A great many photographers talk, digitally, about themselves, all the time.
You’ve seen this in action – I know I have – good photographers making good images who maintain Twitter streams or blogs comprised only of tweets and posts about themselves or their photos.
This isn’t narcissism (for the most part). It’s a failure to communicate to customers effectively in social media. It’s a symptom of how easy online communication has become.
Blogging, tweeting or posting our photographs is cheap and easy. Using our photography as the substance of our online communication is a natural choice.
However, doing so is counter to the goals we go online with in the first place — to attract more customers, because it creates a destructive social media monologue.
The Serious Photographer’s Online Marketing Paradigm Shift
When a person buys from you, your photography is part of the purchase process. At some point, it’s crucial. People do care about your photographs, after all, but making them your online marketing message doesn’t help people find you when searching the web.
People search the web based on their needs. When our photography becomes substance of our online communication, we fail to address these needs. Until your products or services are known to meet customer needs, you remain anonymous.
“Until your products or services are known to meet customer needs, you remain anonymous.” (tweet this)
The photographer’s monologue fails to deliver on what potential customers seek online – information. It also fails to communicate anything of value about your brand, services and service levels, pricing, credibility and experience — all things we need to know to buy from you.
To fix this, make your online communication about customer needs, not your photographs.
Google’s Zero Moment of Truth (ZMOT) shows we seek specific and multiple types of information when researching products and services online. We also spend more time researching and less time listening to sales spiels. Nowadays, we go online to self-direct our buying decisions.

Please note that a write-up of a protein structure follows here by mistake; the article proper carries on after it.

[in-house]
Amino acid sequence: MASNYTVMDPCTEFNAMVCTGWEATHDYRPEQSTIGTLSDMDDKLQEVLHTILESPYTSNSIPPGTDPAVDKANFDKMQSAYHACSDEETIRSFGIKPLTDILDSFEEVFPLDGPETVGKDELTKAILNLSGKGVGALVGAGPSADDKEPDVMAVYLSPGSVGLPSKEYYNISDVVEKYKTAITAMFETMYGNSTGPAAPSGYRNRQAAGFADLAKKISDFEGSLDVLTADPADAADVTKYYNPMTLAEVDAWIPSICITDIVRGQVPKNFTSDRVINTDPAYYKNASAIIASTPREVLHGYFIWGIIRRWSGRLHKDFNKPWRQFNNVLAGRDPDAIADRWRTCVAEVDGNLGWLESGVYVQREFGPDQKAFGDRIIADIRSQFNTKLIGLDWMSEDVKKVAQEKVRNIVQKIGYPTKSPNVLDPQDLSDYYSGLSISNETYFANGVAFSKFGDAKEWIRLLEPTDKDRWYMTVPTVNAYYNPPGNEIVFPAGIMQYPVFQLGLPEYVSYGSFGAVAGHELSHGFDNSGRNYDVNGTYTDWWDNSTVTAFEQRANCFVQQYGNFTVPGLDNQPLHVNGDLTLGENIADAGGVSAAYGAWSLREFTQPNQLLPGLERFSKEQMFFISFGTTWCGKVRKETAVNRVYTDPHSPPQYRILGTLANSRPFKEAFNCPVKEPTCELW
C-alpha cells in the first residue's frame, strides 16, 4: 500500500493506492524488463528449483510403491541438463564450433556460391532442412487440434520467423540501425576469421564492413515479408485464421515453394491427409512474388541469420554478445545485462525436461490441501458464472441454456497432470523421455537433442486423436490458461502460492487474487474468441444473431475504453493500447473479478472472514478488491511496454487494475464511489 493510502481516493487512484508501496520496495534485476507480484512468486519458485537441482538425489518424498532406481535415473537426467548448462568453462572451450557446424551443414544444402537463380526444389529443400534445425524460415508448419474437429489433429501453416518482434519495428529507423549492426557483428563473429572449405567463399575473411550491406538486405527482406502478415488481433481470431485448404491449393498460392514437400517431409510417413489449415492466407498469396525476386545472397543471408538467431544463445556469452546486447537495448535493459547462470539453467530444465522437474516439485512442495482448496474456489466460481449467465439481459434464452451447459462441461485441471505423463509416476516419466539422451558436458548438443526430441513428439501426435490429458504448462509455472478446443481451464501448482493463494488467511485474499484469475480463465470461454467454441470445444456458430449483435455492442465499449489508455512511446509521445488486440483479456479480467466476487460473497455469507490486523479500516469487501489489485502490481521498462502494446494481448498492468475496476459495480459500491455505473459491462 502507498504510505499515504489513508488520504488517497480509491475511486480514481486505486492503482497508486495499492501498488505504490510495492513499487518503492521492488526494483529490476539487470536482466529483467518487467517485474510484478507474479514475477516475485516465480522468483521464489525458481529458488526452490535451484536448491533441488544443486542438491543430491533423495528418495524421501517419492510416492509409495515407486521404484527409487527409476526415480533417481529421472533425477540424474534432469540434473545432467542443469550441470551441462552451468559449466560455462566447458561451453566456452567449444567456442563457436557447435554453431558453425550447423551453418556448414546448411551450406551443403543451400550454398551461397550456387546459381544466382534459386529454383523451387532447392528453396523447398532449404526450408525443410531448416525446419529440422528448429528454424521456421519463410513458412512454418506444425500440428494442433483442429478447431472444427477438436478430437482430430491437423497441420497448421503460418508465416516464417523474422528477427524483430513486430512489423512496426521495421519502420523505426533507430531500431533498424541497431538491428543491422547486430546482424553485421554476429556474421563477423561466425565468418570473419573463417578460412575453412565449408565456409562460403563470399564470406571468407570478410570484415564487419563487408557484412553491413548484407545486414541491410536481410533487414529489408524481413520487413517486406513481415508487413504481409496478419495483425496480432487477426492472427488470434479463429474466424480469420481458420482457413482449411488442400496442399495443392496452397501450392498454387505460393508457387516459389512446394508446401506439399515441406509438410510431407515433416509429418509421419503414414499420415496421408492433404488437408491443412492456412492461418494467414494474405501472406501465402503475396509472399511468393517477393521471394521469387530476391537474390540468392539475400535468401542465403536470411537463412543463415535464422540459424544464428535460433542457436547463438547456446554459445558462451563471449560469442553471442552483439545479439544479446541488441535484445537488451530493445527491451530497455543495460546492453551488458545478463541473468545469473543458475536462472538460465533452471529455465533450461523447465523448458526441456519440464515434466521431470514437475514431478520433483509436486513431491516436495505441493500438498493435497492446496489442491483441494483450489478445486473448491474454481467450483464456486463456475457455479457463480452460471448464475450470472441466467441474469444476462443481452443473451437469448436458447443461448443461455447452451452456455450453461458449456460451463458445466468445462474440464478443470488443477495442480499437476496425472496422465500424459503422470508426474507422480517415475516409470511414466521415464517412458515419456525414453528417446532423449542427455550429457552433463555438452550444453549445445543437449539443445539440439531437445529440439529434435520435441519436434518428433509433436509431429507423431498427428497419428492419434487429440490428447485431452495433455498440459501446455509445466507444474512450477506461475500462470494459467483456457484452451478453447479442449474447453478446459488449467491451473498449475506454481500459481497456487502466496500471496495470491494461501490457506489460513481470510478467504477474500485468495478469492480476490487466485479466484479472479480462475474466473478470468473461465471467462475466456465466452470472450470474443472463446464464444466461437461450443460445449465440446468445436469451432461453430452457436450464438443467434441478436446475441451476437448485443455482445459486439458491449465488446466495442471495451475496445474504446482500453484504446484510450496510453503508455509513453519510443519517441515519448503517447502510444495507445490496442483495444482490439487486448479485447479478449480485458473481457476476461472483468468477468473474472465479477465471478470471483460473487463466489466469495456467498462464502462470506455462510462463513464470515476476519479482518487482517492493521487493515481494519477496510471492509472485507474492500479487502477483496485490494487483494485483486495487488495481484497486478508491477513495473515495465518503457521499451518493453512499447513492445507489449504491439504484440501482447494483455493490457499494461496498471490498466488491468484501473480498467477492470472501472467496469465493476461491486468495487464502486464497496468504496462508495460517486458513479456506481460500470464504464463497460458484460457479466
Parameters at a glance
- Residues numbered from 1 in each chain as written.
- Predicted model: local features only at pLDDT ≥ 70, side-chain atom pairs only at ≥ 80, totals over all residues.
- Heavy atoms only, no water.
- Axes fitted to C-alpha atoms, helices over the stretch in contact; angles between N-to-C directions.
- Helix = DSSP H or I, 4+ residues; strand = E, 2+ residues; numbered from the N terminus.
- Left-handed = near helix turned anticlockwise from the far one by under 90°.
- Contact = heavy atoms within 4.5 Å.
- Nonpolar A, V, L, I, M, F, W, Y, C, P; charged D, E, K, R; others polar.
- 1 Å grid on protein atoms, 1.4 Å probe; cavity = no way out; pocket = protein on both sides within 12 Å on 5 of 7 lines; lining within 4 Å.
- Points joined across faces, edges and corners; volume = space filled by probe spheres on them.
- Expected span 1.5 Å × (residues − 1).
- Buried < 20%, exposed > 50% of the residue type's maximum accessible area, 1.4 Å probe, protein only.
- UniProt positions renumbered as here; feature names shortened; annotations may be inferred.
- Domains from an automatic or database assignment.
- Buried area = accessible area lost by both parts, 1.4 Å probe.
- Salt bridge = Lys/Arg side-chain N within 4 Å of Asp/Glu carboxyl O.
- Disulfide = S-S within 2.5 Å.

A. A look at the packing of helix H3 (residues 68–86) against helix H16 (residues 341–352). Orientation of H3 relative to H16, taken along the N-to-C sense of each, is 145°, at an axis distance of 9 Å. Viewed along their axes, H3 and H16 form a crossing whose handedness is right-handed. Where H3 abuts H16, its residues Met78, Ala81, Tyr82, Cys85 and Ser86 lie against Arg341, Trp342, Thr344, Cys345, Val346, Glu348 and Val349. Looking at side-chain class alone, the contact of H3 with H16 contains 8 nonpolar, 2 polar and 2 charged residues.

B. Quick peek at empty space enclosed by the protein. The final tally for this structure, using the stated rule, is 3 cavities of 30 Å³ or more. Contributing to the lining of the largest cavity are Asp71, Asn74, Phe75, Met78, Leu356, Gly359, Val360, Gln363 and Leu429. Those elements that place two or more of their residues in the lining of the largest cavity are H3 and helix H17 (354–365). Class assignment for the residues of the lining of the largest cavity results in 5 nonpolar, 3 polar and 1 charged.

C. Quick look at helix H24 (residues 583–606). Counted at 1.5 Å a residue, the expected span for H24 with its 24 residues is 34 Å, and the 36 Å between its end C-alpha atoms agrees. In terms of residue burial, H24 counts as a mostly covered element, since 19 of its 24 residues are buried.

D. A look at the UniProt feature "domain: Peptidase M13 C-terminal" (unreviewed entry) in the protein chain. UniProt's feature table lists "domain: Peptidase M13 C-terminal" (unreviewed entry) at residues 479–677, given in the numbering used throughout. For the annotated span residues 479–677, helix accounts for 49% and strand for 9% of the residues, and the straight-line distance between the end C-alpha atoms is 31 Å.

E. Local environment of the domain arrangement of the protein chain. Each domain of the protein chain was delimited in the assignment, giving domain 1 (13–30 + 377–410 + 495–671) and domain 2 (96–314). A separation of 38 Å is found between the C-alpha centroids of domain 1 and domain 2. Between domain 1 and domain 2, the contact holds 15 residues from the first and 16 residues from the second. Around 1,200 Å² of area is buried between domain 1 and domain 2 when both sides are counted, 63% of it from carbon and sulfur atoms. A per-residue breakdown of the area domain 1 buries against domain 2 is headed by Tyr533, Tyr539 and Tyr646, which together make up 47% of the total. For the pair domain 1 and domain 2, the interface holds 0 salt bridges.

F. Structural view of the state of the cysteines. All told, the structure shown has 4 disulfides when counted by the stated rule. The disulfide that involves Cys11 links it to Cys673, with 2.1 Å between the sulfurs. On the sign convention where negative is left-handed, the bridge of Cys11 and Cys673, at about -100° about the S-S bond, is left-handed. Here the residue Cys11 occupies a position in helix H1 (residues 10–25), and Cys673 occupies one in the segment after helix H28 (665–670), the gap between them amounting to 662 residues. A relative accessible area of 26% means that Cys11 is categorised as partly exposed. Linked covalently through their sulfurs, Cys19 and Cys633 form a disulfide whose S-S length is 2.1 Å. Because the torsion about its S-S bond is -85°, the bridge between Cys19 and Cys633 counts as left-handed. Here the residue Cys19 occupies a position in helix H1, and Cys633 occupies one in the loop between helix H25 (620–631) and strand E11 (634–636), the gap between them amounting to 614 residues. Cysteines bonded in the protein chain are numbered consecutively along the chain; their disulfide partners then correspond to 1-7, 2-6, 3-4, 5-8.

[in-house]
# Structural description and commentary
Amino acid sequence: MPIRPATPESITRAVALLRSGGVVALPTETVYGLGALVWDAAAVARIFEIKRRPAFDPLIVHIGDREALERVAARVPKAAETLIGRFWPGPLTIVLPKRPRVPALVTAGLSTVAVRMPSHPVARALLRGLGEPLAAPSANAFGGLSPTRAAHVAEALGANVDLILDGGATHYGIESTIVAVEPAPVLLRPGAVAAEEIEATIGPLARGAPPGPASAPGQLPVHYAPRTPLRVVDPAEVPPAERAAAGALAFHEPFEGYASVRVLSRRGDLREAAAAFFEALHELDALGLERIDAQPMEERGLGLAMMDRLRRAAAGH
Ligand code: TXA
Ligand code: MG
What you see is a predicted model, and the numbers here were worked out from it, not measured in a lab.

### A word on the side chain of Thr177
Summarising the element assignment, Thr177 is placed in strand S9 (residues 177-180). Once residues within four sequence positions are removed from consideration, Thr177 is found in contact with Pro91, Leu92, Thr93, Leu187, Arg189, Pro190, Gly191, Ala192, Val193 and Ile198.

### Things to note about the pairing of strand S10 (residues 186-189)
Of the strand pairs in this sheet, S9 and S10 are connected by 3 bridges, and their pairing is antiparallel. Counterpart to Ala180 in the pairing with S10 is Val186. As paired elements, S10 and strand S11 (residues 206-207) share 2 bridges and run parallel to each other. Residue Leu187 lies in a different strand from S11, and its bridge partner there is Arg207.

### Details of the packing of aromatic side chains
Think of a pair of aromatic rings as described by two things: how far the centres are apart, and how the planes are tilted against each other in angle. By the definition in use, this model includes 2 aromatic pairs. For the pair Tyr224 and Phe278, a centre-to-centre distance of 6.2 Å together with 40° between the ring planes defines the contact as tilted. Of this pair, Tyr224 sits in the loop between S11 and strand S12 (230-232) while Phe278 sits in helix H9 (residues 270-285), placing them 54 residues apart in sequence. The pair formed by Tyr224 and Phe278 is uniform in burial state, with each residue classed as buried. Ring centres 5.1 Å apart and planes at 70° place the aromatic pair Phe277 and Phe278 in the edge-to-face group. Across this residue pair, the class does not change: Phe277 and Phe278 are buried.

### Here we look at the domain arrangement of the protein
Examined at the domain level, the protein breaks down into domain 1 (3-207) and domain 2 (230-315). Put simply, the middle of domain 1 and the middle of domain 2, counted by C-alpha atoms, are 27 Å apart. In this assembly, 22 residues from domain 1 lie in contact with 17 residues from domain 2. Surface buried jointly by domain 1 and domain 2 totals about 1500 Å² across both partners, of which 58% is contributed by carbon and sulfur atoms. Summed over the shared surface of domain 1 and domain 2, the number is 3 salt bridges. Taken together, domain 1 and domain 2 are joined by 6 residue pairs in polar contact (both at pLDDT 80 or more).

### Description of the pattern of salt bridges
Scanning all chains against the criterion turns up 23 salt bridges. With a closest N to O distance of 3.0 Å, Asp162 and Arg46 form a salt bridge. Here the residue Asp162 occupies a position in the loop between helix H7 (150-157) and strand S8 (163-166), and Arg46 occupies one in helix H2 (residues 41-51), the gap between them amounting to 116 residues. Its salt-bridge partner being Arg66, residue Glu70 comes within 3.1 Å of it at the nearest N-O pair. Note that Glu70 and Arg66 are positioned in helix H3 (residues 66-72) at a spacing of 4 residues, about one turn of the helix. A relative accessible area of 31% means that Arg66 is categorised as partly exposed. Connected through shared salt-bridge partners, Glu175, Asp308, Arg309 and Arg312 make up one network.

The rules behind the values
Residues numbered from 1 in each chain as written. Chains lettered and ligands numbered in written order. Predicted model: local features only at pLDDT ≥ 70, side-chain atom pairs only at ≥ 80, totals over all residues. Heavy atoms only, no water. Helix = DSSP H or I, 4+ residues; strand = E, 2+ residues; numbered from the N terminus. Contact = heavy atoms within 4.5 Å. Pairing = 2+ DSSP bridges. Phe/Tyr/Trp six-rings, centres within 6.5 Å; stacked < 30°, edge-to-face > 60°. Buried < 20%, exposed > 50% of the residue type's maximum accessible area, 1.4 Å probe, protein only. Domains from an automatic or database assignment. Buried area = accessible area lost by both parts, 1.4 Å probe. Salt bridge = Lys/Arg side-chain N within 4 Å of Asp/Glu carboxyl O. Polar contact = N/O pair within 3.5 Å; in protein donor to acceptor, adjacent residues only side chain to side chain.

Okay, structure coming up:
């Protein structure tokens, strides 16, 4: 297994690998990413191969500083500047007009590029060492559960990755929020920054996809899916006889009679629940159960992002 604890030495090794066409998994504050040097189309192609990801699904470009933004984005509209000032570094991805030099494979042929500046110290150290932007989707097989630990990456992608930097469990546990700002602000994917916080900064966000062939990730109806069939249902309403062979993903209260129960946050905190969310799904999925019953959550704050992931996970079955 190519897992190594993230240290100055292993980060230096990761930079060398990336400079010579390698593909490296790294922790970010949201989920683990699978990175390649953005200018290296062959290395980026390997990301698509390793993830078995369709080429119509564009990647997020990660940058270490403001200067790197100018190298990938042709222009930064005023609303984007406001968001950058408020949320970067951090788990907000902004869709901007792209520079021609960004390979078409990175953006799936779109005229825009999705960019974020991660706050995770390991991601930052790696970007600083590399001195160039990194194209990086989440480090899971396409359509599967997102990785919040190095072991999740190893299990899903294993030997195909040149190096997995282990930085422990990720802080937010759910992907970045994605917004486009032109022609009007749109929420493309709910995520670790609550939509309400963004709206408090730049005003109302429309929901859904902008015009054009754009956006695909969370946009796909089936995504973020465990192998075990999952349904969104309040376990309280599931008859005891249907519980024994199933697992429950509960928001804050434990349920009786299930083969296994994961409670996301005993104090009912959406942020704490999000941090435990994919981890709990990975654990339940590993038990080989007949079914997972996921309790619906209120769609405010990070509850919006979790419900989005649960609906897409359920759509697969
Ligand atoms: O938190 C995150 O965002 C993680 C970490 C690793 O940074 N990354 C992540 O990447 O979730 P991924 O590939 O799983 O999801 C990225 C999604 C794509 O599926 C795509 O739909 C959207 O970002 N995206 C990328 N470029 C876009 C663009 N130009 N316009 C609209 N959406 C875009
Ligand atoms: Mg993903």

Do A Social Media S.W.O.T.
Ask yourself a couple questions. Do a mini social media S.W.O.T., right now:
- Do your photographs qualify as real, valuable, credible information that I need to buy from you? (Answer:____________________)
- In the course of researching products like yours, do your photographs help me find you online? (Answer:____________________)
- If so, how? What would I search on to find you? What keywords? (Answer:____________________)
- When you conduct this search yourself (while logged out of Google), does your website appear in search results? (Answer:____________________)
- Where else (forums, blogs, social media sites, etc.) are conversations relevant to your products occurring online? (Answer:____________________)
- Do you have a presence in those places that focuses on customer needs, using the language they use online to find products and services like yours, and that addresses their issues effectively? (Answer:____________________)
If you cannot affirm all of these questions with real answers and your expectations from your use of social media is to attract more business, you may have a problem.
The sooner you acknowledge this, the sooner you can develop a focus to why and what you blog and tweet. You’ll also gain more from the time invested in marketing yourself online while also building true business value.
What do you think? Have you created content to meet customer needs? Do you have a firm understanding of your customers? Do you think this really matters?
Share your thoughts and experiences in the comments below.
- Eight Essentials to Marketing Your Photography Online
- The Photographer’s Value Knowledge Gap
- What is the Customer Journey (and Why Photographers Should Care)
- S.W.O.T. Yourself to Beat Social Media Clutter
- Photoblogging, Consistency, Digital Relationships, And How I Fell Off the Wagon